Dr. Metzger knew the spiritual struggle with Satan from his own personal experience of trying to walk with the Lord he sought to serve.

We are not just struggling against some vague cosmic force called evil. The Bible portrays evil as coming from Satan himself. Peter, who knew a thing or two about what it was to fail in the time of trial, wrote this, “Keep alert. Like a roaring lion your adversary the evil one prowls around, looking for someone to devour. Resist him, steadfast in your faith…”[6].

Jesus prayed this to the Father on behalf of his disciples, “I am not asking you to take them out of the world, but I ask you to protect them from the evil one.”[7]

One time Jesus told Peter, “Satan has demanded to sift all of you like wheat, but I have prayed for you that your own faith may not fail…”[8]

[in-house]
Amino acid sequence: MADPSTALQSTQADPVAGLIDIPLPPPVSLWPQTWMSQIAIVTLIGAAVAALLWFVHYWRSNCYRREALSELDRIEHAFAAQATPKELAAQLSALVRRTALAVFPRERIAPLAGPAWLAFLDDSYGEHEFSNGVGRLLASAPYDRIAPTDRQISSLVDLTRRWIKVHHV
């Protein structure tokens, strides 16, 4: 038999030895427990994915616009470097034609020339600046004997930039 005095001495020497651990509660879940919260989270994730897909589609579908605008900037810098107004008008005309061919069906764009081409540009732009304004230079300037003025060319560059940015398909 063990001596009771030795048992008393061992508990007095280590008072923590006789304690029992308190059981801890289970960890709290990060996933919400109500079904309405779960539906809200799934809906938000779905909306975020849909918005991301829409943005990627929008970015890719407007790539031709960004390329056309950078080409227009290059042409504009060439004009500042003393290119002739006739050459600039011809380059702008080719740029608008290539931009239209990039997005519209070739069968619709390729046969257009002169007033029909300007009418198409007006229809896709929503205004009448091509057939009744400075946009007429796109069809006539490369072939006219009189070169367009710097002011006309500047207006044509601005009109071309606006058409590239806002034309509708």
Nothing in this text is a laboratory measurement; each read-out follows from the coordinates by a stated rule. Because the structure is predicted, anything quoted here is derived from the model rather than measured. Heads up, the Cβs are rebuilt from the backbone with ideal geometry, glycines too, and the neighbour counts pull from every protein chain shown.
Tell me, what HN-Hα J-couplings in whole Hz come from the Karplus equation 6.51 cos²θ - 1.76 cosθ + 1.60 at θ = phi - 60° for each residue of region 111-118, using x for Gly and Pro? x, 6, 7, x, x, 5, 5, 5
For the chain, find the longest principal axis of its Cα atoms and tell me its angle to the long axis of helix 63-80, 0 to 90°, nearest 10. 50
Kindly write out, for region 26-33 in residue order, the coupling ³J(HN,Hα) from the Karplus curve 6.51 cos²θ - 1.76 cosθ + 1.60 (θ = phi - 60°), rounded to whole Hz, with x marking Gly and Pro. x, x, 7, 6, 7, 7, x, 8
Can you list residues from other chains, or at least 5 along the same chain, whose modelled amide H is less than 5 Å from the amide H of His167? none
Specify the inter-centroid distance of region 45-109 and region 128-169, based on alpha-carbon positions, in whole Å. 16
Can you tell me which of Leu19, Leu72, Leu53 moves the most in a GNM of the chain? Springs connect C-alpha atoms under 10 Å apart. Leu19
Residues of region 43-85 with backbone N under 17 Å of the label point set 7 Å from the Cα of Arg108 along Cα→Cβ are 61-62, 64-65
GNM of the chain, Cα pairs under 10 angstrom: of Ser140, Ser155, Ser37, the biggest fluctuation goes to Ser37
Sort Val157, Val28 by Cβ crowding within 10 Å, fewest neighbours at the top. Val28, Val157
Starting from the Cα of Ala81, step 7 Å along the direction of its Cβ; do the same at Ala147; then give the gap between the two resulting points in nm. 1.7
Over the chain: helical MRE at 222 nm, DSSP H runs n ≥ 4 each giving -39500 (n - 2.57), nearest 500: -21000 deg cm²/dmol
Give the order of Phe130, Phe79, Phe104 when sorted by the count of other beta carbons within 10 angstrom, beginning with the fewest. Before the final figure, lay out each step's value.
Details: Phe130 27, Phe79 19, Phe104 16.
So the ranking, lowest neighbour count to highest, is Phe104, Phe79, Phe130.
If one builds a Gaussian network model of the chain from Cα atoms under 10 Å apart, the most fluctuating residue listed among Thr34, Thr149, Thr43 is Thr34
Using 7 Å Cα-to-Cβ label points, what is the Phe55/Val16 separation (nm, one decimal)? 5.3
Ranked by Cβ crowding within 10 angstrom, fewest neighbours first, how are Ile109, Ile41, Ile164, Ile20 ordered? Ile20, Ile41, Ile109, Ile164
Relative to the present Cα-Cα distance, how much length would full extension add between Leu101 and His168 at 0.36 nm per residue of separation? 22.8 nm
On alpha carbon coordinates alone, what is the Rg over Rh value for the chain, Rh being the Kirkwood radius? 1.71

We are in a battle. Life is a minefield of temptations planted by the evil one who is against God and against us.

Jesus taught his disciples to pray for deliverance from the evil one.

Prayer is a key weapon in the battle against whatever temptations that come our way.

In the book of Ephesians, Paul says that we are to take the shield of faith to quench all the flaming arrows of the evil one. And he follows by telling us to pray in the Spirit at all times and to always persevere in praying for others.[9]

Isn’t evil tremendously visible? We see mass shootings, human trafficking, and wars. We see destruction, anger, and violence in our families, in our neighborhoods, in our world.